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Blue Jays’ four-year deal with Hyun-Jin Ryu a game-changer on many levels – Sportsnet.ca

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TORONTO – The path from rebuilding team to contender includes countless steps, most of which occur with little fanfare behind the scenes. And then there are the decisions that catch everyone’s attention.

Late Sunday night, the Blue Jays made one of those moves, agreeing to terms with last year’s National League ERA leader in a bold deal that now ranks among the largest in franchise history. The Blue Jays are in agreement with Hyun-Jin Ryu on a four-year, $80 million deal, Jon Heyman of MLB Network reported first.

Immediately, the deal with the 32-year-old South Korean impacts the Blue Jays on and off the field. He bolsters a rotation that needed short-term help, represents a long-term building block for a franchise looking to contend again and offers the clearest sign yet that the current front office is willing and able to spend big.

Of course, there are questions here too.

A finesse pitcher, Ryu averaged 90.6 m.p.h. with his fastball in 2019 while also relying on a cutter, curve and his preferred out-pitch, a plus change-up. The combination worked in 2019, when he posted an NL-best 2.32 ERA in 182.2 innings while striking out 163.

He joins a rotation featuring two other newcomers, free agent signing Tanner Roark and trade acquisition Chase Anderson. On paper, Matt Shoemaker would be the club’s No. 4 starter while Trent Thornton and Ryan Borucki would be leading candidates for the final spot. That’s a much better rotation than the one that posted a 5.25 ERA in 2019.

“It’s not good enough just to have depth,” GM Ross Atkins said soon after the regular season. “You have to have major-league pieces and guys that can contribute in significant ways.”

Of course, that initial rotation will just be a starting point. A year ago, the Blue Jays used 21 different starters including Ryan Feierabend, Buddy Boshers and Neil Ramirez. The lack of viable starters was apparent at times, with manager Charlie Montoyo once justifying his decision to start Edwin Jackson and his 11.12 ERA by acknowledging “We don’t have anybody else.”

Well, now they do. On paper, the Blue Jays seem poised to begin the season with a triple-A rotation filled with young pitchers ready or nearly ready for the majors. Jacob Waguespack, Anthony Kay, T.J. Zeuch and Sean Reid-Foley all have some big-league experience and can be optioned to and from Buffalo as needed. Plus, there’s Nate Pearson, arguably the game’s top pitching prospect, who should be ready for major-league hitters at some point this season.

Ryu’s presence should help ensure that the days of ‘an opener and a guy’ are over.

Even so, the Blue Jays can’t assume they’re getting 200 innings per season from Ryu, who has missed considerable time over the years. Shoulder surgery cost him the entire 2015 season and the first half of 2016. After just one start back, elbow tendonitis sidelined him until 2017. Hip and foot injuries impacted him that year, but only briefly. Then, in 2018, he missed 90 games with a left groin strain.

Those injuries could resurface, so a fair over/under for total innings pitched in Toronto may be 500 rather than 800. Regardless, that risk is priced into his contract to some extent as Ryu signed for a lower average annual value than fellow free agents Gerrit Cole ($36 million), Stephen Strasburg ($35) million and Zack Wheeler ($23.6 million). Adding to Ryu’s appeal, he won’t cost the Blue Jays a draft pick since he accepted Los Angeles’ qualifying offer a year ago.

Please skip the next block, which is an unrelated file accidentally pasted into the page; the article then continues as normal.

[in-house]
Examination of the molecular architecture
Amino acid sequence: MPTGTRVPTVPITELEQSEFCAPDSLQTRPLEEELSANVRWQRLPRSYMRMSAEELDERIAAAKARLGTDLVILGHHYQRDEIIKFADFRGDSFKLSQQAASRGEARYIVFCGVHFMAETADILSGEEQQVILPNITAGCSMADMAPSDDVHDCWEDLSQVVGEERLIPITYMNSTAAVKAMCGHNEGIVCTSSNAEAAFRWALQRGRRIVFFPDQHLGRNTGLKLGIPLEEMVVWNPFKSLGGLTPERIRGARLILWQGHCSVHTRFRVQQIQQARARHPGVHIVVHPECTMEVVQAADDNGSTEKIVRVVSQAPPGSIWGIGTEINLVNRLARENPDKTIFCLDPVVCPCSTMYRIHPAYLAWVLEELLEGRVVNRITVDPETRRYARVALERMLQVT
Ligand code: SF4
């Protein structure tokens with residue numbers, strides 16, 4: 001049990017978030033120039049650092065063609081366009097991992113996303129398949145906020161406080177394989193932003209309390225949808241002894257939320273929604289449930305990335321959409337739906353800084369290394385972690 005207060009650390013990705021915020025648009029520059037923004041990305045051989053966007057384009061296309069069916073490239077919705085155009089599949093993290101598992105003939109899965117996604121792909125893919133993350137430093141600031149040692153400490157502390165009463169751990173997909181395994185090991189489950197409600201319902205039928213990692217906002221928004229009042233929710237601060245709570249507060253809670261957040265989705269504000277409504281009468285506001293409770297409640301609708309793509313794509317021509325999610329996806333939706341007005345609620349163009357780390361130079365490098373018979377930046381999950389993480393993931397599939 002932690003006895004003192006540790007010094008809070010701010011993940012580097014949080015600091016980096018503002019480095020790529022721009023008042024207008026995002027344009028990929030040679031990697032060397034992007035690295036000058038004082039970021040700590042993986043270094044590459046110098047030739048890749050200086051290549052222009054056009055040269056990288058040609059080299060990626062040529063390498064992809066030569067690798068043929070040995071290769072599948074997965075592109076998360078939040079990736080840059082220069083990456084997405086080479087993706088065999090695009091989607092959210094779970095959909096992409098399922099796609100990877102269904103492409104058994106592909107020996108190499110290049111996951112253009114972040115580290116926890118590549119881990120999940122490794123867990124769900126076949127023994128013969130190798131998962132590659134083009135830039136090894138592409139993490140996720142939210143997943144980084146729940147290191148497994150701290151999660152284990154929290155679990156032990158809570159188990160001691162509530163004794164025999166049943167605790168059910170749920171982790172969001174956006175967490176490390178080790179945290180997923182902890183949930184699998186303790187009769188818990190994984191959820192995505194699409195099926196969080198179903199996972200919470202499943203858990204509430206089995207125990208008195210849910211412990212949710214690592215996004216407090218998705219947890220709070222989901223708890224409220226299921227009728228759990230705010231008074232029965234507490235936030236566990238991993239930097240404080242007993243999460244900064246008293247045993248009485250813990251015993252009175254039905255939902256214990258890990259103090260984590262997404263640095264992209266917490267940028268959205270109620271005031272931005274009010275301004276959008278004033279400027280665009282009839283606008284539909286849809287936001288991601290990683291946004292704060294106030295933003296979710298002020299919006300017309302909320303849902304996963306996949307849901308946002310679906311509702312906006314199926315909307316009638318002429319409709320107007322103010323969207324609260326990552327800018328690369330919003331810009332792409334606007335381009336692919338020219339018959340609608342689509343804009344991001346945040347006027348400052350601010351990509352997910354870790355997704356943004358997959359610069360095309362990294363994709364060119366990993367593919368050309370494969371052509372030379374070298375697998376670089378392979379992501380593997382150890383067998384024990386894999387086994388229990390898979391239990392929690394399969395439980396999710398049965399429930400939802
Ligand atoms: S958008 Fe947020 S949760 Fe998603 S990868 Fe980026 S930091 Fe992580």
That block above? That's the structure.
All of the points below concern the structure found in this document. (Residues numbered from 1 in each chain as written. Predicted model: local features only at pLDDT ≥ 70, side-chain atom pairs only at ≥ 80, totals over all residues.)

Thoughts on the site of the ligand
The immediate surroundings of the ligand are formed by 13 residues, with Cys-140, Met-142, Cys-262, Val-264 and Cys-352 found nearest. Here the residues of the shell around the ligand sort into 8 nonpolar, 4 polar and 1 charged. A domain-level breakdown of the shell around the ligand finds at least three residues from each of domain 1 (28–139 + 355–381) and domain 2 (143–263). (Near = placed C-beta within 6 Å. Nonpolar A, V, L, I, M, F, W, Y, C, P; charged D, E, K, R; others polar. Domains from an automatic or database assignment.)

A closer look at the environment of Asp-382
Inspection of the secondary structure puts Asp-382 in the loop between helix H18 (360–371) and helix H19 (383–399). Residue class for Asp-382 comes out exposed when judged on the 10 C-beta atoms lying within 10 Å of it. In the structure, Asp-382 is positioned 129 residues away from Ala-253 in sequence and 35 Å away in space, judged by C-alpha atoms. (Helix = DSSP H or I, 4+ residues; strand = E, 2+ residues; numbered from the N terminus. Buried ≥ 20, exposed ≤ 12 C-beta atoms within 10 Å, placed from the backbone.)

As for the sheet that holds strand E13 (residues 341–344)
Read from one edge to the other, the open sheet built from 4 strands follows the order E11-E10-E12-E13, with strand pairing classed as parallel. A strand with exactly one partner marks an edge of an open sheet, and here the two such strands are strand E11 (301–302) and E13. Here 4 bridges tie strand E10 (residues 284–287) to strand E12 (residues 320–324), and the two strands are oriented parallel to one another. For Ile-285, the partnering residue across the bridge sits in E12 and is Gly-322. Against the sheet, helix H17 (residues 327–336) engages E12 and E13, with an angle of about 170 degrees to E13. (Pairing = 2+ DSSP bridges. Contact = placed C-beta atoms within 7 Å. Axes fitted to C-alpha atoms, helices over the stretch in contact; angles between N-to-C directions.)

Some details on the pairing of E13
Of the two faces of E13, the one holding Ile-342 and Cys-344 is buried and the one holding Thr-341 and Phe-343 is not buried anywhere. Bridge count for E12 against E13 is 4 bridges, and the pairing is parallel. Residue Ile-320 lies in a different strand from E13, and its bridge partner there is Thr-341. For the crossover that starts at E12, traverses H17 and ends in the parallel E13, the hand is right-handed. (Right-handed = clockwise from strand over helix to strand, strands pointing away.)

Clearly, there’s risk here — it’s the largest free agent pitching deal in franchise history — but the Blue Jays are positioned to absorb it at a time that they have considerable financial flexibility. Beyond 2021, the team’s only commitments are Roark, Lourdes Gurriel Jr. and Randal Grichuk. It won’t be until the final year of Ryu’s contract that the likes of Vladimir Guerrero Jr., Bo Bichette and Cavan Biggio are arbitration-eligible.

Even after completing this deal with Ryu and agent Scott Boras, the Blue Jays should have room to add and retain more impact players in the coming seasons. According to Roster Resource, Toronto’s projected 2020 payroll sits at $106 million — nowhere near the luxury tax threshold of $208 million.

Ryu’s agreement represents the largest Blue Jays deal of any kind since club president and CEO Mark Shapiro took over following the 2015 season. In the intervening years, Shapiro often said the Blue Jays would have the means to spend on major free agents at the right time, but that was often met with skepticism from the fan base. Now, the Ryu deal speaks for itself.

Eventually, the Blue Jays hope he’ll be pitching them back to contention. If everything breaks right, that could even happen as soon as next season. In the perhaps more likely event that 2020 represents a step towards respectability, Ryu’s greatest impact may be felt in 2021 and beyond.

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Adding Brantley would give Jays elite offence, set up more possible moves – Sportsnet.ca

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TORONTO – The Toronto Blue Jays may have just been getting started when they agreed to terms with George Springer on a franchise-record six-year, $150 million contract late Tuesday night.

On Wednesday, they engaged in serious talks with Michael Brantley, according to multiple industry sources. Earlier on Wednesday, multiple outlets including Sportsnet reported that a deal was in place with Brantley, but a Blue Jays team official later refuted the report.

If completed, a deal would give Toronto’s already-potent lineup yet another impact bat. But given how crowded the Blue Jays’ outfield mix would look with Brantley, adding him might also prompt further moves.

First, let’s turn our attention to Brantley, Springer’s former Astros teammate and fellow client of Excel Sports Management. Now 33, he remains one of MLB’s best bat-to-ball hitters, as his lifetime .297 average suggests. He combines those contact skills with an excellent plate approach that often sees him walk nearly as often as he strikes out. While he doesn’t offer Springer’s power, he hit 17 home runs in 2018 and 22 homers in 2019, making the AL all-star team both times.